The average incidence of breast cancer in this biased, convenience sample is .0908 or about 9%. Around this mean we find a range from a low of 8.3% to a high of 11.7%. If you do a simple test for differences between proportions for the non drinkers and the heavy drinkers (8.8 versus 11.7) you get a highly statistically significant difference (z = 10.74, p < .000000001!!!!)  but an h effect size of .096. A Small Windowpane for h would be .2, so this obtained difference is less than half of a Small Windowpane. Small effect sizes are barely detectable over random variation and this is half of that. Sure, it is SSD out the wazoo, but that’s purely a function of that huge sample size and given that the sample is not random, statistical significant testing is unwarranted and misleading. The raw effect size is trivial even if it is true.  And, is this trivial effect even true?

Think more about this. Couldn’t you get that much of a difference because of . . .

. . . convenience sampling?

. . . bias in the drop outs?

. . . error in the self report measurement?

Think about this analysis another way.  Compare the nondrinkers to the next category, that 0.1-4.9 grams per day (about a drink a week).  Note there’s a quantitative difference between 8.79% and 8.33%.  Sure, the difference is only 0.46%, but the statistical test reveals z = 2.77, p < .006, a highly significant difference.   Does it matter that the h effect is a miniscule 0.016?  This comparison meets the same standards of judgment the researchers use for their other tests.  So, why aren’t they saying that nondrinking causes cancer?

Remember that the researchers reported a 150% increase in breast cancer while the data we looked at in the Table show 120%. Why the small discrepancy? Recall again that I looked only at the headline comparison – more drinking, more cancer – but the researchers actually tested a more complex model – more drinking plus all those confounders, more cancer. When you “adjust” or “de-bias” or “correct” the headline data with all those other factors, it serves to artificially increase the effect size.

Please note the verbal trick here. Headline a simple hypothesis – More Drinking Causes More Cancer! But, don’t test those data. Add in other variables, like:

Additional covariates in the model were chosen to represent possible confounders and commonly accepted breast cancer risk factors and included menopausal status, age at menarche, parity, age at first birth, body mass index, family history of breast cancer in a first-degree relative, breastfeeding, cigarette smoking, and self-report of benign breast disease. All variables except age at menarche and breastfeeding were updated from follow-up questionnaires. For postmenopausal women, terms were also included for age at menopause, type of menopause, and duration and type of hormone therapy use.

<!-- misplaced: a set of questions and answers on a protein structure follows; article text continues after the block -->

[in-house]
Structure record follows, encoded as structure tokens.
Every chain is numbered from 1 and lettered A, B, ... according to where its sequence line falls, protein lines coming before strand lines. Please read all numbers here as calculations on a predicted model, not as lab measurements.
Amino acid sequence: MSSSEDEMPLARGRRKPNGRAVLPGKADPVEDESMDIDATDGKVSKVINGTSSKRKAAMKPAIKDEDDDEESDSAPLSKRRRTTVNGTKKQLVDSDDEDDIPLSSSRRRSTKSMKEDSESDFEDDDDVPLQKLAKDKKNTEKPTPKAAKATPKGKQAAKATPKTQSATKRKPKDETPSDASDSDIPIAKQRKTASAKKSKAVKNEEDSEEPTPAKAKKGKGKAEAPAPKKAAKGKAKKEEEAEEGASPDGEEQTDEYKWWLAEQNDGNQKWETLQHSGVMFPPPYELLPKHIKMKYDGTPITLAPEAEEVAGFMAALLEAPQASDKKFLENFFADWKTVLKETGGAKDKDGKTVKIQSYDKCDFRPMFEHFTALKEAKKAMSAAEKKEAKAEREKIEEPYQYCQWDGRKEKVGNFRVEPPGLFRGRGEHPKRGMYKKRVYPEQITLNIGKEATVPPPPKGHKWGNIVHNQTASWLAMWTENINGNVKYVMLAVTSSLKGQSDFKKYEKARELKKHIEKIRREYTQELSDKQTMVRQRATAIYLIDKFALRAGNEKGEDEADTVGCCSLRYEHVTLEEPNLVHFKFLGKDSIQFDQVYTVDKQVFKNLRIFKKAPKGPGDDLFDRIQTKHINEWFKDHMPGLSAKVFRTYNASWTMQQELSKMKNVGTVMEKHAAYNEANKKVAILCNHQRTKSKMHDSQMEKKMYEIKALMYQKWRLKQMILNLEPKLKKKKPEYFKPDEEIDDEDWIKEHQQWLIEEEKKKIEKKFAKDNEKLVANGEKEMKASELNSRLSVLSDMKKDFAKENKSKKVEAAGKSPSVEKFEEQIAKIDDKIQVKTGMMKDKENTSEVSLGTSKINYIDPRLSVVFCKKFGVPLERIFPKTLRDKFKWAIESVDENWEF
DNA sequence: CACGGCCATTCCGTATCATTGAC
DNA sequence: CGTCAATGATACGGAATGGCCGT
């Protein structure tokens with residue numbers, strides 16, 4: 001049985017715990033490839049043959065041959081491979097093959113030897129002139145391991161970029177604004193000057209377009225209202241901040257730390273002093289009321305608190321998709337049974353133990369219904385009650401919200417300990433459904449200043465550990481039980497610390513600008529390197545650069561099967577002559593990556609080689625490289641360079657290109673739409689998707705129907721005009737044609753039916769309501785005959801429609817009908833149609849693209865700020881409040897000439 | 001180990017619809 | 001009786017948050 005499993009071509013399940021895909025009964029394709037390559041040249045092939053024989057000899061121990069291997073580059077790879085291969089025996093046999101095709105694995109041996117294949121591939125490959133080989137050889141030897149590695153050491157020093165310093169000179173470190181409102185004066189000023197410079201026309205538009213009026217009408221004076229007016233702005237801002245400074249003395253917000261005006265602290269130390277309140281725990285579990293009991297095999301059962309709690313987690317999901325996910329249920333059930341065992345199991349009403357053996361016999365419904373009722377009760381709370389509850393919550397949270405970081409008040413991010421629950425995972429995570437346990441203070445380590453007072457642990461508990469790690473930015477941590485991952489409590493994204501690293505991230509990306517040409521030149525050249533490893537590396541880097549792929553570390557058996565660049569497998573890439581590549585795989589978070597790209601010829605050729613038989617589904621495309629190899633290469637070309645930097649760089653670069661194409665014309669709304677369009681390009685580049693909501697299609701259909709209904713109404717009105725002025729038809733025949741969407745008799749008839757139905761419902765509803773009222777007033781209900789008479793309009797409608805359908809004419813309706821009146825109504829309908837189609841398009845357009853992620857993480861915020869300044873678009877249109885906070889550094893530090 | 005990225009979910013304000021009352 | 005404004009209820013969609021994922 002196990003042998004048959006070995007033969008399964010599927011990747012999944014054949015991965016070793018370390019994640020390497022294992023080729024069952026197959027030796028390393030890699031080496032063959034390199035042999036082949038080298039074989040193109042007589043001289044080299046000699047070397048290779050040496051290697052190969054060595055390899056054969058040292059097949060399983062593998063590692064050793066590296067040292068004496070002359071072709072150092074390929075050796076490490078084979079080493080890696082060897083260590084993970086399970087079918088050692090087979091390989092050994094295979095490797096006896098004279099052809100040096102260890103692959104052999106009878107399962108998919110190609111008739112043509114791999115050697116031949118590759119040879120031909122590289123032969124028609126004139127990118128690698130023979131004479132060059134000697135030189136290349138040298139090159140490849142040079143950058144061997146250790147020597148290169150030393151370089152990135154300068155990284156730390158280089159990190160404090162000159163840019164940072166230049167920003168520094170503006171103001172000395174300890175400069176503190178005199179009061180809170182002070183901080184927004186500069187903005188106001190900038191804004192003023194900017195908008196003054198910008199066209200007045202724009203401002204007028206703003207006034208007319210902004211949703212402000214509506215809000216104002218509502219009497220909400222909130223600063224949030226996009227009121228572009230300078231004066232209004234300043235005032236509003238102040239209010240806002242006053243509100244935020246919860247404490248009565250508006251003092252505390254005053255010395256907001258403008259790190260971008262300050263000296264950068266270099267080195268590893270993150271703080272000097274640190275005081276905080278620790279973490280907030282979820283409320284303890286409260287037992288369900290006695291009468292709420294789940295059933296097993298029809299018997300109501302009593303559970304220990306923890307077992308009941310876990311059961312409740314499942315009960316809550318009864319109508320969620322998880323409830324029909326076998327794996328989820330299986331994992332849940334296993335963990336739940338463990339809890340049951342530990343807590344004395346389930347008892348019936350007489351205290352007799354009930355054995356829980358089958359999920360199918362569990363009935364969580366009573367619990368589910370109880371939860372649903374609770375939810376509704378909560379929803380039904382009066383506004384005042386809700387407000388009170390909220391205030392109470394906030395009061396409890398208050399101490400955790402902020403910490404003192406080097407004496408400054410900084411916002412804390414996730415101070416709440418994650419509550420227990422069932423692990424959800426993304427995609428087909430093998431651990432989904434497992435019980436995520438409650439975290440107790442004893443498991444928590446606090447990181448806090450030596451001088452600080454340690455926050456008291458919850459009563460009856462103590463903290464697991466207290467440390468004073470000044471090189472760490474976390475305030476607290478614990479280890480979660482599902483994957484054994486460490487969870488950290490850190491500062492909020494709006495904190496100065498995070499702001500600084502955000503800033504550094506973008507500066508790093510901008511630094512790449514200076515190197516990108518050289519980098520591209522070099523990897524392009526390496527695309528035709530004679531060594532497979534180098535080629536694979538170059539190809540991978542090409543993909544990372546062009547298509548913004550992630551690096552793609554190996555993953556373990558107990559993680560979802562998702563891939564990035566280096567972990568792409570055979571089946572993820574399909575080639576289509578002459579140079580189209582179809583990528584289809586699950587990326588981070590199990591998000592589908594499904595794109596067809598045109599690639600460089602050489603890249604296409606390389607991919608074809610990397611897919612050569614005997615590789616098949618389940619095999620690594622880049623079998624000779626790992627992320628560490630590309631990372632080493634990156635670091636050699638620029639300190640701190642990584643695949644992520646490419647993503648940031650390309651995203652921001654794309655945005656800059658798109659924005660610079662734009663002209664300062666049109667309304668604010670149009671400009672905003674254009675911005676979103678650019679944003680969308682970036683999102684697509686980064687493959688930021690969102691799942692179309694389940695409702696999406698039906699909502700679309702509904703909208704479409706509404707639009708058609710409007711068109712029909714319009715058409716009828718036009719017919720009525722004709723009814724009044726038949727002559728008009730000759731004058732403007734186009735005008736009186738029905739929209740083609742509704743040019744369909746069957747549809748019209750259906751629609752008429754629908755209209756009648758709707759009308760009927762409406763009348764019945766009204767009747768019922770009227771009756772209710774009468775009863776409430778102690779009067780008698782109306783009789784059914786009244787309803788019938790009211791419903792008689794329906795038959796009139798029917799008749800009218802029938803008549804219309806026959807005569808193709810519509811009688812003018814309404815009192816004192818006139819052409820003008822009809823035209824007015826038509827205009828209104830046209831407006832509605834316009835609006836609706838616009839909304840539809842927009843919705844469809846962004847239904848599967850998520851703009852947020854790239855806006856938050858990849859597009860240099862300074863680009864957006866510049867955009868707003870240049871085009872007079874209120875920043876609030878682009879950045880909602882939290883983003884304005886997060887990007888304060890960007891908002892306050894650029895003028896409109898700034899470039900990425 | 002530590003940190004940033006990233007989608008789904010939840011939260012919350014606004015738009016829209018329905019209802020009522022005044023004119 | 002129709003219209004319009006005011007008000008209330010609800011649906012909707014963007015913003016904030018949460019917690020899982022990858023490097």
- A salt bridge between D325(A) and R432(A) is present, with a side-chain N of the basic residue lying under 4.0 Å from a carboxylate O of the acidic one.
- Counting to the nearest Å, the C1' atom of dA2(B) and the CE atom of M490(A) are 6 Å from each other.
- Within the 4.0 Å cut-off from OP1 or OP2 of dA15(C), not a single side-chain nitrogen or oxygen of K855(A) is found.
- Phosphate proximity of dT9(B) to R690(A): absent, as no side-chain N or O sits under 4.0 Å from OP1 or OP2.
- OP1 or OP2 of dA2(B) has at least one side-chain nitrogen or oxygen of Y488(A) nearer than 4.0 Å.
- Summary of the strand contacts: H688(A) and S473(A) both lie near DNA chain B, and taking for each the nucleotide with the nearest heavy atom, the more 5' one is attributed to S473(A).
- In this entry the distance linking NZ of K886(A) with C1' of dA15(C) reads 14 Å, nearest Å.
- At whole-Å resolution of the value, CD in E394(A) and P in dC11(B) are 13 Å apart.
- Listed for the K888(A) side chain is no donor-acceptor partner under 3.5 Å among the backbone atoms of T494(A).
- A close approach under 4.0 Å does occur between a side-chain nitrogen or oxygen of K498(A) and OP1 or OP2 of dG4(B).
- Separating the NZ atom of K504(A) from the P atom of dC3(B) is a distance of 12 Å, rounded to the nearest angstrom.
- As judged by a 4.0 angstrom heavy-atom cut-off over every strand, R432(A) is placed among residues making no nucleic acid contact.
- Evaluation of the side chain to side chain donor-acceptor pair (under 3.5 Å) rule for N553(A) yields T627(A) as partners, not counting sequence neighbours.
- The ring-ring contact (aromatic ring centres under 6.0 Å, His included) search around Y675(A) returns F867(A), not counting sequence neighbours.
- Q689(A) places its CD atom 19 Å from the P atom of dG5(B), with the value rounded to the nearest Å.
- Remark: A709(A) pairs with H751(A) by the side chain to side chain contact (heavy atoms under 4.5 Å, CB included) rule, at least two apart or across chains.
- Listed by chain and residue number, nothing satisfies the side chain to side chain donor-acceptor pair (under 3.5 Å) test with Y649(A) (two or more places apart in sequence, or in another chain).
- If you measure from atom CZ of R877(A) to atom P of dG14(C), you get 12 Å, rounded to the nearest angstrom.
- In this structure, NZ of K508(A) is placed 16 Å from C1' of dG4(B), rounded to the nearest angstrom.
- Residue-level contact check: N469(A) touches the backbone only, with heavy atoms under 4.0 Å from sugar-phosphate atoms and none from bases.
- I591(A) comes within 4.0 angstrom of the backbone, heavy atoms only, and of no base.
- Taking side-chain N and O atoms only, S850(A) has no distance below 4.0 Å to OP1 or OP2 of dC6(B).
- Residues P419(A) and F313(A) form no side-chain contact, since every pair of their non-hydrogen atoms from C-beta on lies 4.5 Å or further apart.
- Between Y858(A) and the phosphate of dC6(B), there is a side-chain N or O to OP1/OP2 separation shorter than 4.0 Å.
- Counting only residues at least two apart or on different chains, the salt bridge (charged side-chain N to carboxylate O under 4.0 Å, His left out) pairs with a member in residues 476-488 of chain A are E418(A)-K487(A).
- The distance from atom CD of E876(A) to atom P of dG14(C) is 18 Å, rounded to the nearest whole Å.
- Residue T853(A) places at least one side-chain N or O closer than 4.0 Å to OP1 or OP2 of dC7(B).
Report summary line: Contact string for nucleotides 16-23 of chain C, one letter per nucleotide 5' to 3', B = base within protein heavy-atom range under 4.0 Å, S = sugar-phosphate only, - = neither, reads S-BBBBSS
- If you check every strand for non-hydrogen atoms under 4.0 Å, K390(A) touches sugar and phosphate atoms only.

Find the effect size for drinking + adjustments = cancer, but report the result as drinking = cancer.  While researchers act as if “adjusting” a convenience sample makes it a random or representative sample, they are only playing math games to artifically inflate SSD and effect sizes.

Finally, realize all the false precision in this report and in most of those observational fairy tales.  Researchers report things like alcohol consumed in grams per day and breast cancer cases down to decimal places as if they are counting all the pennies in the bank and reporting exact population values.  All of these numbers are just estimates of Drinkingness or Cancerness or Temperatureness or whatever the construct under consideration.  The numbers are never the Thing Itself, but only an estimation of the Thing Itself.  Since we cannot directly and correctly measure Nature as She is, we can only estimate and then make decisions based on those estimates.  This research literally eats the menu, thinking it is real food.  When you realize we are dealing with estimates and not true, exact, scientific values, you realize the obtained effects are not real in themselves, but indicators and that those indicators are weak.

When you think about this, you realize the bad science here and you also see the good persuasion. The researchers look precise, objective, and deep when they are just persuasive, saying one thing while meaning something else. It also helps when you get an editorialist who asserts claims you left unsupported. These two articles literally talk out of both sides of the mouth. The original research describes the hormonal hypothesis, but then reports nonsignificant effects. The editorialist also recounts the hormonal hypothesis, but then miscounts the data to imply that hypothesis is supported. If you do not read Methods and Results you miss this and are left with a very different and mistaken conclusion.